Rockshox Lyrik RCT3
Longer travel trail bikes are becoming all the rage these days. Rockshox launched the Lyrik in 2015, which showed up on the front end of many of those bikes for 2016. This included the Transition Patrol I’ve been bashing about for the last couple of months. In a game of spot the difference between the Pike and Lyrik you’d be excused for getting them confused. The Lyrik appears to have nicked all the best bits from the Pike, beefed up the structural parts, and added a bit of travel. If you’re keen on seeing the Lyrik from the inside, you can check out the awesome teardown article from Andrew Major.
The model I’ve been testing on the Transition Patrol is the 160 mm travel Lyrik RCT3, which was the catalyst for this review. However, I have a Lyrik RC that came on my personal bike and have ridden two other test bikes with Lyrik RCs. The biggest take away for me is how consistently good the Lyrik has been. Even though each fork has different mileage, ridden at different temperatures, some rebuilt and some not; they all feel darn near identical on the trail. All feel buttery smooth, damper feel is consistent, and none make any noise or show any bushing play. So while the fork in particular that I’m reviewing in this article has been worked over by Jeff Bryson of the Bike Room, I can say that the build consistency of the Lyrik is impressive and that is a quality I don’t think can be overstated.
I like the air pressure at 85-90 psi, which are the recommended pressures for 200-210 lb riders. For reference, I weigh in at 185 lbs. I liked the fork most with 3 volume spacers. Compression set to 5 clicks out from closed, from a total of 13 clicks. Rebound set on the quicker side at 12 clicks out from closed, from a total of 17 clicks. This seems to give a nice balance of support, resists severe bottom out, but is supple enough through the high-speed chunk.
One of the first things I noticed on the Lyrik is how supple the fork feels off the top. It's buttery, especially for an air fork. A gentle push on the handlebars results in a satisfyingly smooth reaction. I always liked the feel of the air spring in the Pike, and the Lyrik seems to be even better. With 3 tokens in the fork, I liked the progressivity of the air spring. There seems to be enough adjustment with the fork volume spacers that the majority of riders should be able to find a combination of tokens and air pressure to suit their taste.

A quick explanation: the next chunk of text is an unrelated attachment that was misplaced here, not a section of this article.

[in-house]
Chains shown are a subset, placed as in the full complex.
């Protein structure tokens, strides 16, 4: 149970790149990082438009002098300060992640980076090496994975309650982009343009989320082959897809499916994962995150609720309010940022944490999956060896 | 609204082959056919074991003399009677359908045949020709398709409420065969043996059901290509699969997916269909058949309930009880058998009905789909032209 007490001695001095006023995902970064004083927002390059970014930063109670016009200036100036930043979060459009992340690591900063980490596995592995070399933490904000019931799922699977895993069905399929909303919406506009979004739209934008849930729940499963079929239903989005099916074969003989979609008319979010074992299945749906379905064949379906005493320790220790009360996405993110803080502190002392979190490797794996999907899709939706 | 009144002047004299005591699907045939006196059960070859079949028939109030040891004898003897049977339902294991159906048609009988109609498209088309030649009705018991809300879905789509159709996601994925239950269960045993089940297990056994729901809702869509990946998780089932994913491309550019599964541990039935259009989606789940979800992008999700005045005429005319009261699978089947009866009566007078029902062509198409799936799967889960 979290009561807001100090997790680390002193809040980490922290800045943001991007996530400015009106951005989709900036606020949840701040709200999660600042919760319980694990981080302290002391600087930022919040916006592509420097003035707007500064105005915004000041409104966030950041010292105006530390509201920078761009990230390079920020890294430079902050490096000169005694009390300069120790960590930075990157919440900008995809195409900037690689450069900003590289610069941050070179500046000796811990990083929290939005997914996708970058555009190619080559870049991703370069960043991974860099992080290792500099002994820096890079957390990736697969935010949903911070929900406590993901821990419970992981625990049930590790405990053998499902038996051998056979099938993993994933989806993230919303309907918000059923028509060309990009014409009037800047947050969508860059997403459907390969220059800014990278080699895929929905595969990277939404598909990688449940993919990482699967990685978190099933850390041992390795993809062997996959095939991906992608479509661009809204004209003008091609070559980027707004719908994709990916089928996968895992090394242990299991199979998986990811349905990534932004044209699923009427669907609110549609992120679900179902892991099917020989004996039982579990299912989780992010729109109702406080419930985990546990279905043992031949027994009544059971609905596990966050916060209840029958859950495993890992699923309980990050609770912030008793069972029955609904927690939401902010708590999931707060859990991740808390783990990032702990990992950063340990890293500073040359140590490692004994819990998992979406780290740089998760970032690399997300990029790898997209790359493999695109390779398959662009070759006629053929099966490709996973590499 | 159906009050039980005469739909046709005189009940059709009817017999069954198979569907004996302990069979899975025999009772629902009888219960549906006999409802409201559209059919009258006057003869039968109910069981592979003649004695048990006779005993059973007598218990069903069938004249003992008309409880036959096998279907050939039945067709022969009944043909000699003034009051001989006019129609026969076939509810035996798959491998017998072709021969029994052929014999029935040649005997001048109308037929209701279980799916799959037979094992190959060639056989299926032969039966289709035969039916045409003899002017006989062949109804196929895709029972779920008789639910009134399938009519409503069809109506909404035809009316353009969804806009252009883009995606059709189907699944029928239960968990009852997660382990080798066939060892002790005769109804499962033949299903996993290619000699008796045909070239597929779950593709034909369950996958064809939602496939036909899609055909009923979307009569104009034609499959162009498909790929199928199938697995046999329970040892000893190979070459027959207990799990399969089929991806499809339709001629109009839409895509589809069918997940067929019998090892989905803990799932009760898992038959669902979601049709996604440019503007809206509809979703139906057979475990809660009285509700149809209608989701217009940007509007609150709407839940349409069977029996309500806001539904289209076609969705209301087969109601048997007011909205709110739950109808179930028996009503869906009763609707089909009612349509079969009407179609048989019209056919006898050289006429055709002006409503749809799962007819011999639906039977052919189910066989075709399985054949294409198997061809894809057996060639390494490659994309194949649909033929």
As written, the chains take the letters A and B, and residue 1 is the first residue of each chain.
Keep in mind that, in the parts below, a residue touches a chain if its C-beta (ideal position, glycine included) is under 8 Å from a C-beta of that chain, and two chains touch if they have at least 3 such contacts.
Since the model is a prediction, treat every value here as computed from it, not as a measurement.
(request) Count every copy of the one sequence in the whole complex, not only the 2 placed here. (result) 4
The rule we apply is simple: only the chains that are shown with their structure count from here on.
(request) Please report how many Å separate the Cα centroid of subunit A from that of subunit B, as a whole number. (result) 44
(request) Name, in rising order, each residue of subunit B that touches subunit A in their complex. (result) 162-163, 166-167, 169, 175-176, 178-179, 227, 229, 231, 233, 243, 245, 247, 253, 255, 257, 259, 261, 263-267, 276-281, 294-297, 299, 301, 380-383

This is the paragraph where I would normally do most of my moaning, but I really don’t have much moaning to do today, which is probably worth moaning about. Price-wise the Lyrik falls in line with most other top shelf 160mm single crown forks at just under $1,000 USD, and at a similar weight of 2,005 grams. My first sort of criticism is that I’d personally prefer to have externally adjustable high-speed and low-speed compression to fine tune my preferences. That said the Charger damper does a bang up job of providing good low-speed compression support, with what seems to be a nice open high-speed compression circuit. If I had a knob to fiddle for a high-speed compression setting, I probably wouldn’t be far off where the Charger damper has been preset. To boot I think the Charger damper works better than many fancier, more adjustable dampers.
My other minor criticism is that I wish the Lyrik was available in a coil sprung variant. The good folks at Norco John Henry have converted a buddy's Lyrik with Rock Shox parts to run with a coil spring and the results are fantastic. Pretty please Rock Shox, you already have all the bits to make this happen … please!
Out on the trail, I’ve been impressed with the Lyrik. Like I mentioned earlier I like the feel of the air spring in the Lyrik. While there is only low-speed compression adjustment on the fork, the Charger damper seems to do a great job of eating up high-speed compression events. It provides great support when pushing through corners, and soaks up big impacts with grace. Where I find many fork dampers start to show issues is on fast and rough terrain, and I thought the Lyrik performed well when the going got rough.
One thing I’ve noticed, and it’s not a good or bad thing, is that the fork doesn’t have a particularly lively feel to it. Some forks feel super active, and you can sense them furiously moving about when descending. The Lyrik is the opposite of that. It almost seems a bit lackadaisical in the way it does its business. It gets the job done all the same, just maybe with less enthusiasm and drama than some other forks on the market. I didn’t use the three position compression adjuster for OPEN/PEDAL/LOCK very much, but it does firm up the fork in PEDAL mode for climbing if you need the help. I only used LOCK for pavement or fire road climbs on occasion. The OE spec Lyrik RC on my personal bike doesn’t have the three position compression adjuster, and I don’t miss it one bit.
Having had the Lyrik RTC3 for 6 months, I’ve had the opportunity to ride it from hot dusty summer days to biblical rain, and in below freezing conditions complete with snow. The Lyrik has been surprisingly consistent through those varied conditions. This particular Lyrik has seen a ton of riding through one of the wettest and coldest winters on record here in Vancouver and hasn’t batted an eye yet.
The Lyrik is a fantastic fork. I’m impressed with the build consistency, the chassis is suitably stiff, the air spring feels great, and the damper is terrific. The fork has been reliable and consistent throughout warm, cold, wet and dry, with no issues so far. The pricing and weight are in line with other 160 mm single crown forks, too. My only request would be for a coil sprung variant. The Rock Shox Lyrik gets two thumbs up from me.